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Court of Appeals upholds Miller estate decision

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The Indiana Court of Appeals has sided with former Columbus, Ind., banker Will Miller in an estate battle launched by his older brother, Hugh.

In an opinion issued Thursday, Power of Attorney of Xenia S. Miller, et al. v. William Irwin Miller and Sarla Kals, No. 03A01-0912-CV-586, the court said Will Miller was correct to spend more than $20 million over 3-1/2 years on the upkeep of properties owned by the wealthy Columbus family.

The brothers are heirs to a fortune built over generations through the defunct Irwin Union Bank and Trust and diesel engine-maker Cummins Inc. Their parents, J. Irwin and Xenia Miller, were major philanthropists, noted for bringing world-reknowned modern art and architecture to their hometown.

The court's opinion led off with a quote from "The Tempest" by William Shakespeare: "What's past is prologue..." The line speaks to the question of whether Will and family financial adviser Sarla Kalsi, as Xenia's personal representatives, properly interpreted her wishes. Xenia was incompetent when J. Irwin died in 2004, but Will and Kalsi continued to spend huge sums on the upkeep of family properties, which they argued was in keeping with the Millers' long-established practice.

Hugh Miller contested the estate's spending in Bartholomew Superior Court. He argued that $2.7 million of the spending was more to the benefit of Will and Kalsi than Xenia, who died in 2008. The lower court sided with Will Miller, going so far as to grant payment of his attorney fees. Hugh appealed.

Although it upheld the lower court's ruling on the estate spending, the appellate court reversed the decision on attorney fees, saying Hugh's claim was not frivolous.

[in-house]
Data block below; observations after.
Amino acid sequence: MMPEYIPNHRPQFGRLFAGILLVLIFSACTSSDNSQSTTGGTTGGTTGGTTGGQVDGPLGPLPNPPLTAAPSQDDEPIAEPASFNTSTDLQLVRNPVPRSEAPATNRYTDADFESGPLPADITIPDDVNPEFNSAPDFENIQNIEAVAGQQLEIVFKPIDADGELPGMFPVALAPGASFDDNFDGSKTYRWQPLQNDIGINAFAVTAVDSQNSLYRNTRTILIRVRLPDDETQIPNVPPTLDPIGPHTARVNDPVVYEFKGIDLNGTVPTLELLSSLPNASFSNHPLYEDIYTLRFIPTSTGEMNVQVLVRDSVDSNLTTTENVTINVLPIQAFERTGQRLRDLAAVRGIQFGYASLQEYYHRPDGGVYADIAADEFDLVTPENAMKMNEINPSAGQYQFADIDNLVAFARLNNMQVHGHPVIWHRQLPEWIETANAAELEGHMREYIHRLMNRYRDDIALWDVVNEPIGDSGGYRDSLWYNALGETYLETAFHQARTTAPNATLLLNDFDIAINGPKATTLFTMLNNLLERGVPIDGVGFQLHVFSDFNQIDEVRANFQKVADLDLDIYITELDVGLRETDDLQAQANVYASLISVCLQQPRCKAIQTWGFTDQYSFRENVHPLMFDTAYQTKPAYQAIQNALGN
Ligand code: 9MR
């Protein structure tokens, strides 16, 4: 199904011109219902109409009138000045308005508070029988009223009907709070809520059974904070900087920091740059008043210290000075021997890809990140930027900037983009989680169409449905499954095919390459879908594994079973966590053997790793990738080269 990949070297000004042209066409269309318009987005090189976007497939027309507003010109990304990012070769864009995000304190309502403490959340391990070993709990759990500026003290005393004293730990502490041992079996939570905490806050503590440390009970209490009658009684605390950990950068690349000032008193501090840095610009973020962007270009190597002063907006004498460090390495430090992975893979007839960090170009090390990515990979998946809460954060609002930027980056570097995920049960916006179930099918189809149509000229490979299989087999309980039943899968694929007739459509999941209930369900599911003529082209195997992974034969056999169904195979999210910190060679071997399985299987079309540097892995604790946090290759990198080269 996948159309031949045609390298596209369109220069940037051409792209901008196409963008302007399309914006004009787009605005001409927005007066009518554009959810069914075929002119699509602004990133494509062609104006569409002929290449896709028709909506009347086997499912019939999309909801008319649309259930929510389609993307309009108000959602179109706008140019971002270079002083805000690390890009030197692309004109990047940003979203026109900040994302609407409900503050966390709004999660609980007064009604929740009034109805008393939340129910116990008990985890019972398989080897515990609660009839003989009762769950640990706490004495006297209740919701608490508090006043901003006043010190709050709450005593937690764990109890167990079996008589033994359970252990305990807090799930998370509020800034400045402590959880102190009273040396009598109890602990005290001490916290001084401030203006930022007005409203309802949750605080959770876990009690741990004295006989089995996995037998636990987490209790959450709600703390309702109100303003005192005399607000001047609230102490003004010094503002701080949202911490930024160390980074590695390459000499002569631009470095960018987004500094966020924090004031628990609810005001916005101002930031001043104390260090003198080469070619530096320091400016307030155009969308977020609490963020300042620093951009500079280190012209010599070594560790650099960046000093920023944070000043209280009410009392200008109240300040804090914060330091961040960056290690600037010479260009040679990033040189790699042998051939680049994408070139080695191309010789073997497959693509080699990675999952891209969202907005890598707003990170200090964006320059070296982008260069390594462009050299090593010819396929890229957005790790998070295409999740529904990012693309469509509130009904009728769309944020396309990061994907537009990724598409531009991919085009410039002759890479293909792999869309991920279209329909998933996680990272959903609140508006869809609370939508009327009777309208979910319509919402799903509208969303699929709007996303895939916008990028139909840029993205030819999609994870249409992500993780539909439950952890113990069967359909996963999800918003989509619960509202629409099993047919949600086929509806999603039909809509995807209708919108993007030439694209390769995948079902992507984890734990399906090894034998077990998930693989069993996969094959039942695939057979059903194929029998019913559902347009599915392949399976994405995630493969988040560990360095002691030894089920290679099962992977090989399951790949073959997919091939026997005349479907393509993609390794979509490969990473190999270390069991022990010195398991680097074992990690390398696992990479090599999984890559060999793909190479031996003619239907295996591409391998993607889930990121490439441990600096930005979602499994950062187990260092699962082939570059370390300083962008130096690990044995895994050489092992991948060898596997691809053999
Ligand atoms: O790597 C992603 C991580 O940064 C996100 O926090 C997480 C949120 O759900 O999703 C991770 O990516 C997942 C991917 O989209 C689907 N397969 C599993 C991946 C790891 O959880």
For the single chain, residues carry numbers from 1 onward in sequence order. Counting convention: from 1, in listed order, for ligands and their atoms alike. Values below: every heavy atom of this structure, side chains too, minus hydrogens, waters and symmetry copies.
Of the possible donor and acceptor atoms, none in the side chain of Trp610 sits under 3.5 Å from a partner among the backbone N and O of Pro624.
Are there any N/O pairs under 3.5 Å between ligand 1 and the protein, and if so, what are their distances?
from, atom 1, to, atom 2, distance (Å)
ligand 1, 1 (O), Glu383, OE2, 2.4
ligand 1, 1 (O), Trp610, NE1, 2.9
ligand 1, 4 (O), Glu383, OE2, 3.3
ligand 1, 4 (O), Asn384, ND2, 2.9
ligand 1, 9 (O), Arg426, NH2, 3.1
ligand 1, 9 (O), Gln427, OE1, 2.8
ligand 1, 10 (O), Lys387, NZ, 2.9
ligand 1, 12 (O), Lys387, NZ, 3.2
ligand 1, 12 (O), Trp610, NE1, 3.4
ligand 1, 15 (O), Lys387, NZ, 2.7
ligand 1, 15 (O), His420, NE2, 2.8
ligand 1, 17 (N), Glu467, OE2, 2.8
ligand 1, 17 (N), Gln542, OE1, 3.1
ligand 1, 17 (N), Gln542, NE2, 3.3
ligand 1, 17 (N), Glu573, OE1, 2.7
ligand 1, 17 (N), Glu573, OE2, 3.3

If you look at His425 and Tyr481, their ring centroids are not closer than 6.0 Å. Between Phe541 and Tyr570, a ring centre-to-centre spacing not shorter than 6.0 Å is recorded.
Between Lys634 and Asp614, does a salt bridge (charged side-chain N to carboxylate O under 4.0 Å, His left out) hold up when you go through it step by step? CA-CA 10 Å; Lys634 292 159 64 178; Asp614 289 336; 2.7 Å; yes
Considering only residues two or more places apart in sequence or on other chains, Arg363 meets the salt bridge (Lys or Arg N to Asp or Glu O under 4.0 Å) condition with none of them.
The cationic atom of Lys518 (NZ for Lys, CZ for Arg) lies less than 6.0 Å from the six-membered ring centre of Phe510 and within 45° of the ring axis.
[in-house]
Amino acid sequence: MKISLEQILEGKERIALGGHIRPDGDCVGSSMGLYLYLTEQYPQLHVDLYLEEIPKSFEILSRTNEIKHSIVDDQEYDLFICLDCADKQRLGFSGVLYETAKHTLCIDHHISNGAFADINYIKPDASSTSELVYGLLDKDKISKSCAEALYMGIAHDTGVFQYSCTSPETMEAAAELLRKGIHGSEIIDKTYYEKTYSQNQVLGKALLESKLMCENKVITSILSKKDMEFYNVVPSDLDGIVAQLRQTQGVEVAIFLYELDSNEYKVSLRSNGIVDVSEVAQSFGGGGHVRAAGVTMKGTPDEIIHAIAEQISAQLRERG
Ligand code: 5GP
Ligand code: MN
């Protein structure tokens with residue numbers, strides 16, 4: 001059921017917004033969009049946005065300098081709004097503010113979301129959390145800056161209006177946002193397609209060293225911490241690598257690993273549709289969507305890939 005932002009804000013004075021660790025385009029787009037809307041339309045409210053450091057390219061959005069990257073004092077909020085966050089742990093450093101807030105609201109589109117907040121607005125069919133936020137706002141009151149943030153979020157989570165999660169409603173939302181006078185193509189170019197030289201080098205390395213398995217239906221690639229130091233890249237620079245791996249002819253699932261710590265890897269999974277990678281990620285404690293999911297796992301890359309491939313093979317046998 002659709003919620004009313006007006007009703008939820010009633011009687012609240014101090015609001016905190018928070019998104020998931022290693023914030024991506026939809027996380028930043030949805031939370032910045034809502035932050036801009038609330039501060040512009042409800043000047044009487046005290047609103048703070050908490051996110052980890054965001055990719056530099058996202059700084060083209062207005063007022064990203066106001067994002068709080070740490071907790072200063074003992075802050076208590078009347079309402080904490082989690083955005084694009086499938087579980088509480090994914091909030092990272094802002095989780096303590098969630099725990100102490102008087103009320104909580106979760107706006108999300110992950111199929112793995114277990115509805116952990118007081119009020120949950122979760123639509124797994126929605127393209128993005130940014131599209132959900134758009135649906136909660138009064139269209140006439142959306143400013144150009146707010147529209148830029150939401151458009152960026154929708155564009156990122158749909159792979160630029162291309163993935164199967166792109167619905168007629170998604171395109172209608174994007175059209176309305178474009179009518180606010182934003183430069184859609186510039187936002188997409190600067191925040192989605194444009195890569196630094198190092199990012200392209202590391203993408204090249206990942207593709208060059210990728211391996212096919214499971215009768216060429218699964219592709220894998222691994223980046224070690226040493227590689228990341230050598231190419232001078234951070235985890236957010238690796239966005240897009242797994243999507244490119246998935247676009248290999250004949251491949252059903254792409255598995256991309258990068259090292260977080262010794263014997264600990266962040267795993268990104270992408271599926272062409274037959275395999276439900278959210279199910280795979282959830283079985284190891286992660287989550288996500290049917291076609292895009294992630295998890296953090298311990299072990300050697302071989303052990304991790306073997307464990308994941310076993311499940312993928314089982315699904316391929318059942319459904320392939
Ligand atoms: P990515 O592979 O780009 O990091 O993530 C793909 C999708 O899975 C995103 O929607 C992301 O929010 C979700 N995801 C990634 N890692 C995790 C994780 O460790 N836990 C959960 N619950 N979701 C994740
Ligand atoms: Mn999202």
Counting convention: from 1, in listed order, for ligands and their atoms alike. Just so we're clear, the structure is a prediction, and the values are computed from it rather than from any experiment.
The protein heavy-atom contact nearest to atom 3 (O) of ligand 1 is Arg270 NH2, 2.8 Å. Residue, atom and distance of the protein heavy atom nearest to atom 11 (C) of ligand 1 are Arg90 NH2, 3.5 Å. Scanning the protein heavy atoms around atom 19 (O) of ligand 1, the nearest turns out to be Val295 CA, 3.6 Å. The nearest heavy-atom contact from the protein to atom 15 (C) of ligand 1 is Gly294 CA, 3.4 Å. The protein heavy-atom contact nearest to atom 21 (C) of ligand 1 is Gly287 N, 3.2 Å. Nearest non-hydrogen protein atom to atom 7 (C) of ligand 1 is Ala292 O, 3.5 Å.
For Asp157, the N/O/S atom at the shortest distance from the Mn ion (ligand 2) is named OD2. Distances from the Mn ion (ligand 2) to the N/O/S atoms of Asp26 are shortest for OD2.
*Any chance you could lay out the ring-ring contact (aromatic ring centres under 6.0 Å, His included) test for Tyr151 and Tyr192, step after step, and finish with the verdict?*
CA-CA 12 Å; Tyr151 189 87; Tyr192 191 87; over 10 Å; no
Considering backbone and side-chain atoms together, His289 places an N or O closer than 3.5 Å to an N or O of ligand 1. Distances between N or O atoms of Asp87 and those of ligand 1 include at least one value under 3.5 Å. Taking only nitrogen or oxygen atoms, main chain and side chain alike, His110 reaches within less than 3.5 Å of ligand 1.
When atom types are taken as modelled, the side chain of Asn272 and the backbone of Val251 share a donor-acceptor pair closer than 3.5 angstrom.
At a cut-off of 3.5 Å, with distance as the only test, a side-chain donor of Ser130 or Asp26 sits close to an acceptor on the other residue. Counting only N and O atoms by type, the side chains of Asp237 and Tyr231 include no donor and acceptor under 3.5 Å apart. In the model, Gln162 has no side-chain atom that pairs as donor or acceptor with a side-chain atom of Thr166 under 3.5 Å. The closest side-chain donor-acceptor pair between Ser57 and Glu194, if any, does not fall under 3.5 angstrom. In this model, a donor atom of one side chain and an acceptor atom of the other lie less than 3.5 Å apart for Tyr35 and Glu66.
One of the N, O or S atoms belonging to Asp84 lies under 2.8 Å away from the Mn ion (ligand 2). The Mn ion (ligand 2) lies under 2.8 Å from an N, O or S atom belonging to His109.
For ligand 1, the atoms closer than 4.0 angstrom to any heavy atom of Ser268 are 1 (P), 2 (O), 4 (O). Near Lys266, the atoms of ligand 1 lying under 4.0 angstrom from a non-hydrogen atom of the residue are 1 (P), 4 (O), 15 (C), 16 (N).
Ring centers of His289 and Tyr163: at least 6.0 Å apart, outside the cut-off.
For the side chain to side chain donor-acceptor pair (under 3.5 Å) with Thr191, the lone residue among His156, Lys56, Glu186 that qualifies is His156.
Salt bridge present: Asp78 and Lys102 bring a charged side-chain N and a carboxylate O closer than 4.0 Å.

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  3. The practitioners and judges who hail E-filing as the Saviour of the West need to contain their respective excitements. E-filing is federal court requires the practitioner to cram his motion practice into pigeonholes created by IT people. Compound motions or those seeking alternative relief are effectively barred, unless the practitioner wants to receive a tart note from some functionary admonishing about the "problem". E-filing is just another method by which courts and judges transfer their burden to practitioners, who are the really the only powerless components of the system. Of COURSE it is easier for the court to require all of its imput to conform to certain formats, but this imposition does NOT improve the quality of the practice of law and does NOT improve the ability of the practitioner to advocate for his client or to fashion pleadings that exactly conform to his client's best interests. And we should be very wary of the disingenuous pablum about the costs. The courts will find a way to stick it to the practitioner. Lake County is a VERY good example of this rapaciousness. Any one who does not believe this is invited to review the various special fees that system imposes upon practitioners- as practitioners- and upon each case ON TOP of the court costs normal in every case manually filed. Jurisprudence according to Aldous Huxley.

  4. Any attorneys who practice in federal court should be able to say the same as I can ... efiling is great. I have been doing it in fed court since it started way back. Pacer has its drawbacks, but the ability to hit an e-docket and pull up anything and everything onscreen is a huge plus for a litigator, eps the sole practitioner, who lacks a filing clerk and the paralegal support of large firms. Were I an Indiana attorney I would welcome this great step forward.

  5. Can we get full disclosure on lobbyist's payments to legislatures such as Mr Buck? AS long as there are idiots that are disrespectful of neighbors and intent on shooting fireworks every night, some kind of regulations are needed.

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